“[Premier Pauline] Marois, at the summit on higher education, indicated that the cuts of $250 million per year would not be recurrent, would be temporary, whereas we’re learning today that these cuts are permanent,” said Le Bouyonnec.

“I know that universities are facing difficult times right now, but we want to gradually increase the funding that is given to the universities,” said Bureau-Blouin, referring to the PQ’s pledge to invest an additional $1.7 billion over a seven-year period.

“We also think that universities must look at their management. We think that some arguable decisions have been made in the past,” he added, offering spending on management’s salaries as an example.

Arcand said the Liberals were able to spend more on higher education because they were able to generate more tax revenues.

“We were better in terms of dealing with the economy in a period of recession than they are right now in a period where, I think, around the globe, everything seems to indicate that the economy is bouncing back,” he said. “When you have a government that decides to talk about [a] referendum [and] that comes up with a [proposal for a Charter of Values] that divides people, I don’t think it creates a good climate for investments in the province.”

Le Bouyonnec said the CAQ has “the most ambitious program for the universities” and would set aside $1 billion to allow universities to have additional satellite campuses and research centres as part of their plan to turn the St. Lawrence Valley into a corridor of innovation.

Support for Free Post-Secondary Education

Québec solidaire and the Green Party of Quebec, meanwhile, are arguing in favour of free post-secondary education.

“We think that free education is the only way to guarantee that there are no financial barriers to post-secondary education, so for us, it’s a question of social justice,” said Alex Tyrrell, who was a 25-year-old Concordia student pursuing a degree in environmental science when he was elected leader of the Greens last fall.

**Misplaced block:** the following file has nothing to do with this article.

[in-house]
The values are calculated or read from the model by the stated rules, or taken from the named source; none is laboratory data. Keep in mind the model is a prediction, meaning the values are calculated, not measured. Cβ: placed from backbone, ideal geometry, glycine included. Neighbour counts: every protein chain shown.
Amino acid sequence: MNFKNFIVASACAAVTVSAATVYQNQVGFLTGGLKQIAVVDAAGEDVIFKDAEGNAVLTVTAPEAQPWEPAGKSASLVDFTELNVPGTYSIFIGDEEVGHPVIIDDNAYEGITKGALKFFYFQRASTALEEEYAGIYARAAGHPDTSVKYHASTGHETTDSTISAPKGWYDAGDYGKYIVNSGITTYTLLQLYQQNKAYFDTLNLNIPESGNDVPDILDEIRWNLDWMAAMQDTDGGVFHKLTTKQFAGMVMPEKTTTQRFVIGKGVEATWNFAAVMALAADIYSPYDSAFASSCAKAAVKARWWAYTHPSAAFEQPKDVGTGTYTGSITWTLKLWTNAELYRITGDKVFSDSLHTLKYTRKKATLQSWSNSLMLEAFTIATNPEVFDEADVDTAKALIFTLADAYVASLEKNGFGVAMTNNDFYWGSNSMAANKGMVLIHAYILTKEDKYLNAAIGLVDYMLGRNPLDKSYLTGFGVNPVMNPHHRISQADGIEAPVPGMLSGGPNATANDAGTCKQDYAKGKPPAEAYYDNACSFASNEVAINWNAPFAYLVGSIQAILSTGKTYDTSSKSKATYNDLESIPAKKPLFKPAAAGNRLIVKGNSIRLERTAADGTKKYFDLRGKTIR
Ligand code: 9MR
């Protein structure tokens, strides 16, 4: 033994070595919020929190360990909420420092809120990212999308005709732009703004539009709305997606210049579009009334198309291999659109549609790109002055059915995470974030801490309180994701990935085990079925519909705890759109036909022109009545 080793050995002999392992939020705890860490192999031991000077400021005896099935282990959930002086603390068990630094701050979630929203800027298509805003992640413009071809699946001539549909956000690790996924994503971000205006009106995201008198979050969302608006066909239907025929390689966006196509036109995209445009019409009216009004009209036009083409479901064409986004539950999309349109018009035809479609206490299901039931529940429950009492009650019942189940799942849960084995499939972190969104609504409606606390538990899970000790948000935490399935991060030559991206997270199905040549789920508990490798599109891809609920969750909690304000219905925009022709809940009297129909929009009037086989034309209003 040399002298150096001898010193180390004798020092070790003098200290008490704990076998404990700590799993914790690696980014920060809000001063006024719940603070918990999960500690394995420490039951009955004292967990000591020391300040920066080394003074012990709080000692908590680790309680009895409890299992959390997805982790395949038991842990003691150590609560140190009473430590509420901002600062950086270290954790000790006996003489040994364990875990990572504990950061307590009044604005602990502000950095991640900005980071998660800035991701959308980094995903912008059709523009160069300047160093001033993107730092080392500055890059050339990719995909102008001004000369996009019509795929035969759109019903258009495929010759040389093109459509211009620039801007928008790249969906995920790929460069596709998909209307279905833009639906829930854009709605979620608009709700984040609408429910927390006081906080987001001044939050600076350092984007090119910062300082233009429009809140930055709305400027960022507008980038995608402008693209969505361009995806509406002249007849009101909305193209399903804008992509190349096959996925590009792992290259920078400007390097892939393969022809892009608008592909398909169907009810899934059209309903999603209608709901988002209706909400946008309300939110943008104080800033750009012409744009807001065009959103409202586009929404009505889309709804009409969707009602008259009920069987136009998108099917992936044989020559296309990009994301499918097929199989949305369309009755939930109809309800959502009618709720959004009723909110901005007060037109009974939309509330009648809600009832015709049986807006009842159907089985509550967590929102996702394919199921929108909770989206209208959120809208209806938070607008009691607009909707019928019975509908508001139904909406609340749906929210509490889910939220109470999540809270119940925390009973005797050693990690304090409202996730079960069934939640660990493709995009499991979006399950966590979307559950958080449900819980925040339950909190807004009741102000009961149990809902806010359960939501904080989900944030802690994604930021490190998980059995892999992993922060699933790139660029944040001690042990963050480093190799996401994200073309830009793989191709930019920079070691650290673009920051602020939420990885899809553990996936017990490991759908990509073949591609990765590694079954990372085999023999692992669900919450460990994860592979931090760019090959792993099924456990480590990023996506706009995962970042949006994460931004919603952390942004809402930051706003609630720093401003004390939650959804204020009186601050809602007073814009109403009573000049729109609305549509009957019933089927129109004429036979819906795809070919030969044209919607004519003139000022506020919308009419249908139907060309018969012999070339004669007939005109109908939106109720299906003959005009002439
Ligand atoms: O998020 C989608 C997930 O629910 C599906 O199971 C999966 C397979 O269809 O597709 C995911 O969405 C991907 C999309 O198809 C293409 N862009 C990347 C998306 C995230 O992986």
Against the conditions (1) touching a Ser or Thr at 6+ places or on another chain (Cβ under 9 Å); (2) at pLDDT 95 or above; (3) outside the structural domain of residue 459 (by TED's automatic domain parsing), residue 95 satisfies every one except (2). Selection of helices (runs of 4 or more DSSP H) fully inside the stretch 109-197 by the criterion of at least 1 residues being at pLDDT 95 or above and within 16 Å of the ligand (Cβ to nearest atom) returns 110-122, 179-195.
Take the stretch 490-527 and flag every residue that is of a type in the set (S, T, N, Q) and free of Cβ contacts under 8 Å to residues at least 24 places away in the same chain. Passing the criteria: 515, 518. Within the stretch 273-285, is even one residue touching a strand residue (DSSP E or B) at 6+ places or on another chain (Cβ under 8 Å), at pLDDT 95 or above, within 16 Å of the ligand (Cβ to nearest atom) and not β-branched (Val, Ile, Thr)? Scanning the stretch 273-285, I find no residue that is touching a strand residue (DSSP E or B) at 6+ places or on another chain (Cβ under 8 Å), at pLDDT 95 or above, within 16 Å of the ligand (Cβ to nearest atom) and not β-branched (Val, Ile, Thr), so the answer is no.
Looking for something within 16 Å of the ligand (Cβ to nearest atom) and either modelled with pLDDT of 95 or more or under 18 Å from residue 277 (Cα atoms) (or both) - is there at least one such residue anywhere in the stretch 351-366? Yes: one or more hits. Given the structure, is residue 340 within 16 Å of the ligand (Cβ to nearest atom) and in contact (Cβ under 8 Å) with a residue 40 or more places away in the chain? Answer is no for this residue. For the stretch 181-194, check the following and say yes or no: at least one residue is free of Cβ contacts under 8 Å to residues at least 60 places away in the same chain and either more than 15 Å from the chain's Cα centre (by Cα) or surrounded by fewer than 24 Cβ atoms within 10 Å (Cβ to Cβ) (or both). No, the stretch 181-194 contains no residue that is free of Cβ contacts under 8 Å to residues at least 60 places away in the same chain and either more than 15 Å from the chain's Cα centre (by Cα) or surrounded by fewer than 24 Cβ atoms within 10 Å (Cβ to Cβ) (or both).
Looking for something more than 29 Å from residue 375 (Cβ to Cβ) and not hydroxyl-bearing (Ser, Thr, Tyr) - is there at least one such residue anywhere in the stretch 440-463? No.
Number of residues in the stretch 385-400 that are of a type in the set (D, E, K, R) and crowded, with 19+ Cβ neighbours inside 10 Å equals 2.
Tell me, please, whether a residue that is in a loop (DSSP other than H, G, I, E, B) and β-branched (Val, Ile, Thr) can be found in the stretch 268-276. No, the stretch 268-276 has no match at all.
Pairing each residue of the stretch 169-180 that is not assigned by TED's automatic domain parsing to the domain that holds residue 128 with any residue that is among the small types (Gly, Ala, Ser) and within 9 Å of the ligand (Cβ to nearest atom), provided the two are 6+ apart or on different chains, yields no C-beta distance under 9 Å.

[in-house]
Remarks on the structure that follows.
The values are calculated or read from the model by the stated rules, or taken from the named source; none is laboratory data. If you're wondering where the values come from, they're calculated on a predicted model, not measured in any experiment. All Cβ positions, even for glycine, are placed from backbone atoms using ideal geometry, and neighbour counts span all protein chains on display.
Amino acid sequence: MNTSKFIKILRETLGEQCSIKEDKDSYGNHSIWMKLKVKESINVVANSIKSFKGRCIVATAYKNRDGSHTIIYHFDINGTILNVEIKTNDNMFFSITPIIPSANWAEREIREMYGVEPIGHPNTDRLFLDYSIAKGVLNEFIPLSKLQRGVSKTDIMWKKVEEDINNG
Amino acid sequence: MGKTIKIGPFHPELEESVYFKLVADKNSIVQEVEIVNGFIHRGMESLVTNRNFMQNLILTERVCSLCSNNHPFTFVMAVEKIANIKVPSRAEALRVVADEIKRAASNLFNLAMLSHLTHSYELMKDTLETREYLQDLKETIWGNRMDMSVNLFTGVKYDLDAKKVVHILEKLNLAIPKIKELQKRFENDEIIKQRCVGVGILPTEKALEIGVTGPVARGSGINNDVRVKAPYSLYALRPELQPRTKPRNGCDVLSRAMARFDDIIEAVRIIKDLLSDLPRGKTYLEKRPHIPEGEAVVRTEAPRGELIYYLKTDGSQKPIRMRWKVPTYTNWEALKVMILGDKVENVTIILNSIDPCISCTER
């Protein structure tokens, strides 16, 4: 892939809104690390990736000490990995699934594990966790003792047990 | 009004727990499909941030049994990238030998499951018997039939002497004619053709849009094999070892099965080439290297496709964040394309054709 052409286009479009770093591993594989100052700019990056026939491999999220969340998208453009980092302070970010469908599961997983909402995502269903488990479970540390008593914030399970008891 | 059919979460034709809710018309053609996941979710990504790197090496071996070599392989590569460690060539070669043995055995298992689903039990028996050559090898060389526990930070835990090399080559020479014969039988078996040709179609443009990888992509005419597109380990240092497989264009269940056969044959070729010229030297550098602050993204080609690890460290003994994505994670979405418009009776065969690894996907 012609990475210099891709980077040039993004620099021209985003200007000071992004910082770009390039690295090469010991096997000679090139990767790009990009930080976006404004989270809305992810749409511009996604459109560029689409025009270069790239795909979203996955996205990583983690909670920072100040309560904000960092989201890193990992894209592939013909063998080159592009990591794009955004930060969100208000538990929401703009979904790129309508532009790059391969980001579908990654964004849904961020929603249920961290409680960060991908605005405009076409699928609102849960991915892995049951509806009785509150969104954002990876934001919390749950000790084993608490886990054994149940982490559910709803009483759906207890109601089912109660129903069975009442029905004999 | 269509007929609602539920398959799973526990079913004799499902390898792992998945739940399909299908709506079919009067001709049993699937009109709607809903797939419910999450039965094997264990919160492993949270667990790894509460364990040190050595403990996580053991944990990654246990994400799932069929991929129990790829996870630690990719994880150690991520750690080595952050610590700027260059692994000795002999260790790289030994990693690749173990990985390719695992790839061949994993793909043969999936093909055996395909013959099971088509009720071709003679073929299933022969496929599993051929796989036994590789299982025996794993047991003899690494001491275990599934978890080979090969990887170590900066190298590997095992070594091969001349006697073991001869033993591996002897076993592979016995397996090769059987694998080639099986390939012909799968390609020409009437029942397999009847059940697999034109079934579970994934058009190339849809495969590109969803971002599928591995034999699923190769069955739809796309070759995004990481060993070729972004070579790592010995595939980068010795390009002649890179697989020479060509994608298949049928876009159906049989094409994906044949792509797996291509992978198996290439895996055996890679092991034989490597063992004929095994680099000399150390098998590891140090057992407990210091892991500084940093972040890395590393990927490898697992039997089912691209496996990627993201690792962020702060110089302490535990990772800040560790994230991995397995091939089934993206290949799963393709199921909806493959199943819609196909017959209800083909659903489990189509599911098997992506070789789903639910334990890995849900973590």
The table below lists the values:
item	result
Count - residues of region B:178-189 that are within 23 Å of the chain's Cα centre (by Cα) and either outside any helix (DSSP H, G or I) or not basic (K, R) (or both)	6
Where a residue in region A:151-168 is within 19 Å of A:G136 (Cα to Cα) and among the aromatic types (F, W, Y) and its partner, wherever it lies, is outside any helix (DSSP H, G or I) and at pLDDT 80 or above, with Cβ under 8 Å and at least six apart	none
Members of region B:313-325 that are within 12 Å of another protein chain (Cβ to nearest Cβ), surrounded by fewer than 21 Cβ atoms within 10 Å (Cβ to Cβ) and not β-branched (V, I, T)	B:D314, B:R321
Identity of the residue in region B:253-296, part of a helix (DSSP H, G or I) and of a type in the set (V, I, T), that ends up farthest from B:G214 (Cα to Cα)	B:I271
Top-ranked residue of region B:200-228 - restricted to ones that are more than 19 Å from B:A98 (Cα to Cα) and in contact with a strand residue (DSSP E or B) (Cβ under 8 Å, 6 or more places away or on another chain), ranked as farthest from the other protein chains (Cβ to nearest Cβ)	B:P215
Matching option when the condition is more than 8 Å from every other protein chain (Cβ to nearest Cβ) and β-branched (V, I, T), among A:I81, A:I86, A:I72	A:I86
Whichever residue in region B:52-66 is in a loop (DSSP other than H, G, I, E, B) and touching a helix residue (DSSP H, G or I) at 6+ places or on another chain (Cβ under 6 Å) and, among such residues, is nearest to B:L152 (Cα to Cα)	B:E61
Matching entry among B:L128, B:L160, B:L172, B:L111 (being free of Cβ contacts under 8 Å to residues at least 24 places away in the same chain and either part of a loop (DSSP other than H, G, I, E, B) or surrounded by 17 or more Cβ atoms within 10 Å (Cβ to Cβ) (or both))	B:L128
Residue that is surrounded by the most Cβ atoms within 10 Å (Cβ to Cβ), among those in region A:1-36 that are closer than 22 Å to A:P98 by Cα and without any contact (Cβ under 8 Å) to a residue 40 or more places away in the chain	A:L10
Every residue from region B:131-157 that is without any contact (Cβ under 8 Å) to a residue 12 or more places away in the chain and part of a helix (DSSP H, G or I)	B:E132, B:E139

When asked if it’s financially feasible for the Quebec government to implement free post-secondary education, both Tyrrell and Québec solidaire candidate Manon Massé argued that their parties’ stances are not utopian.

“Presently, the Parti Québécois and the Liberal Party refuse systematically to go and get the money where it can be found,” said Massé.

She said the province could reintroduce a tax on the capital of financial institutions such as banks and insurance companies or could try to deal with the problem of $165 million currently leaving the province every year for tax havens overseas.

“Free education, as with free dental care and free public transit, are really questions of priorities,” said Tyrell. “Quebec should make government services accessible to the citizens who are against the user-payer agenda.”

This is the first article of a two-part series on the political parties’ positions on issues related to higher education ahead of the April 7 election. Click here to read the second article in the series, which is about the parties’ plans for university governance.